Three out of four start-ups fail to return investors’ capital. Yet, big companies are increasingly investing shareholder funds in small companies that live outside their own walls. Last year alone, corporate venture funds participated in one quarter of all deals—collectively investing more than thirty billion (US) dollars in start-ups.
Here are some things to bear in mind when it comes to your corporate venturing aspirations:
1. Get strategic. Given the abysmal stats on startup success, it seems foolish for large corporates to think they can beat independent venture capital funds at their own game. But there is more to corporate venturing than financial gain; first and foremost, the focus should be on investing strategically. In a study of more than 30,000 investments in startups, those that were well-aligned with the stated focus of the corporate parent yielded higher returns.
2. Create an failure-tolerant mindset. When your corporate venture arm tells you that no firms in the portfolio have been shuttered, raise the alarm, not the champagne flute. Failure is part and parcel of the VC game, so that perfect track record may be a signal that the team is playing it too safe, investing in companies with an eye towards avoiding failure. Don’t let corporate risk aversion contaminate your venture fund.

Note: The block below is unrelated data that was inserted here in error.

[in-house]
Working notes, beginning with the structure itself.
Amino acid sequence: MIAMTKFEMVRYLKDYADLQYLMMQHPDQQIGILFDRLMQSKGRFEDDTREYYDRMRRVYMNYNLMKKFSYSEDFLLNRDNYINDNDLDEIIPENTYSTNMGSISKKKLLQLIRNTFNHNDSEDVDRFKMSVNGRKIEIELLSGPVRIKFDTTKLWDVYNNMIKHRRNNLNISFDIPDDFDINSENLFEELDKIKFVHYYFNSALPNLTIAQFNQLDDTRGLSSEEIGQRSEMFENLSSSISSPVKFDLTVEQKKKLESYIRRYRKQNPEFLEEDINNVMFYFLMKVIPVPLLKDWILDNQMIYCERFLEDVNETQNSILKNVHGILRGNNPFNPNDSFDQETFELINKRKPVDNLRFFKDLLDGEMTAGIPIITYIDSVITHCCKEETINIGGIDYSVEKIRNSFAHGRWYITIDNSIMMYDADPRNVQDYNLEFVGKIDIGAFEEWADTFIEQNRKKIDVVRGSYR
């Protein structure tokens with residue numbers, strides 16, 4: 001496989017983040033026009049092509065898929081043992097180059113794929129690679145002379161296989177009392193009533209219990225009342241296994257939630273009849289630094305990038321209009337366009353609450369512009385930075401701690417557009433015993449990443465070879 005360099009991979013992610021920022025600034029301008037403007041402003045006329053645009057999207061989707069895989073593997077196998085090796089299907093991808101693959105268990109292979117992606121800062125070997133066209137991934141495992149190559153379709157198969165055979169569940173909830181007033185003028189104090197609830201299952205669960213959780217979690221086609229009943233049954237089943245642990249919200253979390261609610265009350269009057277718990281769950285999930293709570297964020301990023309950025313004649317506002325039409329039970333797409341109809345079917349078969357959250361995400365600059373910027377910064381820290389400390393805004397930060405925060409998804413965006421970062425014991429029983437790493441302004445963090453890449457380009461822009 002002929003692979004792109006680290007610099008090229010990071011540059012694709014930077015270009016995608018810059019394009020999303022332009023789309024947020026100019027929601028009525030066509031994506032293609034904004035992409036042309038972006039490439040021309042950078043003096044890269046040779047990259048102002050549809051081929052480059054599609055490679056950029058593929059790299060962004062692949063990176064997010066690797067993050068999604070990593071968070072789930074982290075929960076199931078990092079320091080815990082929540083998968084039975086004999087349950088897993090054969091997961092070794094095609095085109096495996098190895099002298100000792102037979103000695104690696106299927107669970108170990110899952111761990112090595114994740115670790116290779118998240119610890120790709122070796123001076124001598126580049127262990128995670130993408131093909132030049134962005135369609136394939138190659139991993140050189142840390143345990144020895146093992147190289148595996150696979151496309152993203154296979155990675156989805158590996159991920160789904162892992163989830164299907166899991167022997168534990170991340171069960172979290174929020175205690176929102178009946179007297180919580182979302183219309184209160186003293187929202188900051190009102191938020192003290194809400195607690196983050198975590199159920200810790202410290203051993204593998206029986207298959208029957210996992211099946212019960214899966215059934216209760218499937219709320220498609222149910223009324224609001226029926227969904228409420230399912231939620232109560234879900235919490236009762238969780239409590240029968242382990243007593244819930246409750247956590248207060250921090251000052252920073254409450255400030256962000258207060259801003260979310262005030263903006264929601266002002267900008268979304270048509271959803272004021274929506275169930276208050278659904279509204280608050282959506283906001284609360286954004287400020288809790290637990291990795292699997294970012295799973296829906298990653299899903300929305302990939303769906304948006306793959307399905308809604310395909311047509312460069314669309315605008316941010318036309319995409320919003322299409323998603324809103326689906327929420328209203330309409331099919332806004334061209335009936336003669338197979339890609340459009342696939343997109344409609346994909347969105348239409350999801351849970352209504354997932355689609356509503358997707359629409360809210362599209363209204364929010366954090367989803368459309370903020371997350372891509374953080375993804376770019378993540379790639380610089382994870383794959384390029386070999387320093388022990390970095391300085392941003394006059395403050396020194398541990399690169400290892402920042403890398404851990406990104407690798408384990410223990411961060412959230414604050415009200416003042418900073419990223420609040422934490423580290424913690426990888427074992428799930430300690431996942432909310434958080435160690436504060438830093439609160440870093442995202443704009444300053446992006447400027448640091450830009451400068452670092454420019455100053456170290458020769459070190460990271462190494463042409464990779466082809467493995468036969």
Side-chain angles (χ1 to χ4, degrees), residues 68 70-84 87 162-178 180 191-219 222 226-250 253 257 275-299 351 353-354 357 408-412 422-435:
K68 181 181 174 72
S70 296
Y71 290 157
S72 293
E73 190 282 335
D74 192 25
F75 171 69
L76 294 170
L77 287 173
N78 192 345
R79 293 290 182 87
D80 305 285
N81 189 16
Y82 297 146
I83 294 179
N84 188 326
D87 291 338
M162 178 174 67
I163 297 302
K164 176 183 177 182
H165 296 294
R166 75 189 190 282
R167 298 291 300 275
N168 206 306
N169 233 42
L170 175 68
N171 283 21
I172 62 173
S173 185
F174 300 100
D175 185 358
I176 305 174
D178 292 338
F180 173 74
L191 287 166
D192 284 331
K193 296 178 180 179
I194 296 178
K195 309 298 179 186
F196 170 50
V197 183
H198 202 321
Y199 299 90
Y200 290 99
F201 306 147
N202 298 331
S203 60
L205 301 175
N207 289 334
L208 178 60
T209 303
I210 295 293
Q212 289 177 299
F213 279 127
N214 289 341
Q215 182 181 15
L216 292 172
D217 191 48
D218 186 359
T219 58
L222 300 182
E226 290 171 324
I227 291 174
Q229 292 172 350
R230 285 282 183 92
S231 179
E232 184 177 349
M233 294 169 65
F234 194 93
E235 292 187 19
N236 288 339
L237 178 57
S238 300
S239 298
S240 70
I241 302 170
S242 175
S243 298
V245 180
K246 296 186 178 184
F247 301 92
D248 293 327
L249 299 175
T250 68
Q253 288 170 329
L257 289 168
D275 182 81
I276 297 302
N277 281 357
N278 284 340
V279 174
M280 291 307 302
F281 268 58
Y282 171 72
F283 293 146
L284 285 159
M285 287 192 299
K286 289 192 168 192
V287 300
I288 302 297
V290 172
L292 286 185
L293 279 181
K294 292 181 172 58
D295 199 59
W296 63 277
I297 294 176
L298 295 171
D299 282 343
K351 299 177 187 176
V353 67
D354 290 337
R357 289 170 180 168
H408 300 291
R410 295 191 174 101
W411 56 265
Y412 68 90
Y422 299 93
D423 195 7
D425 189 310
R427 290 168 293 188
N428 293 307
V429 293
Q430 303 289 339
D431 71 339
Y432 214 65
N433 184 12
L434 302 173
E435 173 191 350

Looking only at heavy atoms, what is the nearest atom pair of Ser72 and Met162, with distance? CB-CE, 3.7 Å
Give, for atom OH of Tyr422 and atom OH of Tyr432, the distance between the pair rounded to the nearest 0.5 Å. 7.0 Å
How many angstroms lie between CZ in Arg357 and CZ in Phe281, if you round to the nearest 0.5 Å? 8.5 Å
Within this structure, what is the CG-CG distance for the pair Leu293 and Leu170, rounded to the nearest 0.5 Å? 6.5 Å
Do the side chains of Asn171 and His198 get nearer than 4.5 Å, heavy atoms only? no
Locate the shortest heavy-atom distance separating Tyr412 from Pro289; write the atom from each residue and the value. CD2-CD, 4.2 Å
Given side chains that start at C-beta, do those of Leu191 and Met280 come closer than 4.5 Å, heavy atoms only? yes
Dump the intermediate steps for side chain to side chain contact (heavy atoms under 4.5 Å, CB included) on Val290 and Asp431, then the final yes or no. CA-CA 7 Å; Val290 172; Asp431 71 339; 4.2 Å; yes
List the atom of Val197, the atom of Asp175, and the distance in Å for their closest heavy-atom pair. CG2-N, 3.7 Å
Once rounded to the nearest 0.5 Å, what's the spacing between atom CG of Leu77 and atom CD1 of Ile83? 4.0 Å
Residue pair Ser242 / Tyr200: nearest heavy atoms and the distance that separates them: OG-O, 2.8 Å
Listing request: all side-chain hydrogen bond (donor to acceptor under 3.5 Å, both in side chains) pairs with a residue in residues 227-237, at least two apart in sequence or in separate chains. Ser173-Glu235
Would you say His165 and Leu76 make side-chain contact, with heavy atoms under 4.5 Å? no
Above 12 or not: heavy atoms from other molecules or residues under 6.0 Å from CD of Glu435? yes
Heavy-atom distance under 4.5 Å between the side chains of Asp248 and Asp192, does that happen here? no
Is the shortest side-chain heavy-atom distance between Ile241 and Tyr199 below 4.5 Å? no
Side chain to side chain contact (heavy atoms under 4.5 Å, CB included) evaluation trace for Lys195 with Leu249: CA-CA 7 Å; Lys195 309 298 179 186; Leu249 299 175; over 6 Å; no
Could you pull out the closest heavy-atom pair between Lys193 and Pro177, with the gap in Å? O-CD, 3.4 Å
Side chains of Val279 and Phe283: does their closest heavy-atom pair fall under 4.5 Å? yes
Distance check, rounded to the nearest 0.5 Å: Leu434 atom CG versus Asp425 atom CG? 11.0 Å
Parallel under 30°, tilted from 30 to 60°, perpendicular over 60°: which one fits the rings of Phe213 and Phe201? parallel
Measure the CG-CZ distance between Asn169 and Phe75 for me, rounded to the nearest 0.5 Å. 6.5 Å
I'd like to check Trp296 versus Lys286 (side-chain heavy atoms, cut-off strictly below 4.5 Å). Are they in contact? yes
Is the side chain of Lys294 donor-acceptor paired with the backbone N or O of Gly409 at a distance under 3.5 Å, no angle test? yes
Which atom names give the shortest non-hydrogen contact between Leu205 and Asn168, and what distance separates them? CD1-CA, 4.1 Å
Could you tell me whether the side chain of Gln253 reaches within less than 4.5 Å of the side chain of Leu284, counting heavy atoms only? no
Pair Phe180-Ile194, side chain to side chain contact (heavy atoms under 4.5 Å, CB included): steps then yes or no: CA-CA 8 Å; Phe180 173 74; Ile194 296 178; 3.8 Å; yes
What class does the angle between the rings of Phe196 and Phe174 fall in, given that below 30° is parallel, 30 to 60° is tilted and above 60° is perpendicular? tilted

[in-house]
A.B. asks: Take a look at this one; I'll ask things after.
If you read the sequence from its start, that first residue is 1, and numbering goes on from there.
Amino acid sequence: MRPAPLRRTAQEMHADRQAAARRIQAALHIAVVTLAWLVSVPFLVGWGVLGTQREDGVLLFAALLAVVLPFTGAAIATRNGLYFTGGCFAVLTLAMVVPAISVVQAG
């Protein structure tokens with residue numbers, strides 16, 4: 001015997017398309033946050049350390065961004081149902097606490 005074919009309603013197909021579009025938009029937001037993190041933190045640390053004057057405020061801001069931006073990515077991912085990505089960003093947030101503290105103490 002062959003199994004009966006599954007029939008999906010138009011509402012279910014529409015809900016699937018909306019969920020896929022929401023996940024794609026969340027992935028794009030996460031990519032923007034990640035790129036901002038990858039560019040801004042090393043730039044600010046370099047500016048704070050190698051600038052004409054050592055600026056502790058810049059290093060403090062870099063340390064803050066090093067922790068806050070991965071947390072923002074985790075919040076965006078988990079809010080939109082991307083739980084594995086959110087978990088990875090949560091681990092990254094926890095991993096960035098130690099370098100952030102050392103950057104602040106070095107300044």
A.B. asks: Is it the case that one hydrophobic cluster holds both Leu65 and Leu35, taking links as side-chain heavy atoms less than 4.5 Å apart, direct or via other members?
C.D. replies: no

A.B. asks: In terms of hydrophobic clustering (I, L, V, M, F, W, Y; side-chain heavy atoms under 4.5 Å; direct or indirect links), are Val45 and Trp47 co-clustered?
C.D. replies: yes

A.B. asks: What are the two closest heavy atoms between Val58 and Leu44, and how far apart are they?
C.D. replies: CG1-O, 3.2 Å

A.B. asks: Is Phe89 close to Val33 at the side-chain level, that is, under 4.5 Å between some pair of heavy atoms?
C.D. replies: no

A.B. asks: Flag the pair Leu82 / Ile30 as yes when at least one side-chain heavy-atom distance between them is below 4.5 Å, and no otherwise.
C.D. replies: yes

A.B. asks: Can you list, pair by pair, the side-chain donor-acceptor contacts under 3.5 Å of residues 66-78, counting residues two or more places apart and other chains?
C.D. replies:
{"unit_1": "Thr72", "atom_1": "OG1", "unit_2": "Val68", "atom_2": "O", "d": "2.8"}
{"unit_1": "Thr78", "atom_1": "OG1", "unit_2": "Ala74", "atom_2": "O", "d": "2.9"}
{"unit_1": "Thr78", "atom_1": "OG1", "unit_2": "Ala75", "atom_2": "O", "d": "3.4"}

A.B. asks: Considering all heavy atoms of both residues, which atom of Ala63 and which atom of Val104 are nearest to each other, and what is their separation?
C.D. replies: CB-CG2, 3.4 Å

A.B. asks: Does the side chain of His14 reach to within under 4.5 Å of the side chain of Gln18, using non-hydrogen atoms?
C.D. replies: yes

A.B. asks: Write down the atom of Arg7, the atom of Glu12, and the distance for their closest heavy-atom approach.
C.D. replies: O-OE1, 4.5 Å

3. Don’t smother the babies, nor the babysitter for that matter. Your role as a strategic cornerstone investor is to help the start-up succeed, not to run the show. So give it what strategic advice it needs and let it go. And you must realise that the VC game is a fast one—at least faster than most corporate approval processes. Setting very clear, aligned goals for your fund and then streamlining the approvals process can help you avoid getting tied up in internal reviews. This is about more than missing the boat on a promising deal, it is about showing external investors and startups that you know how to run an effective fund.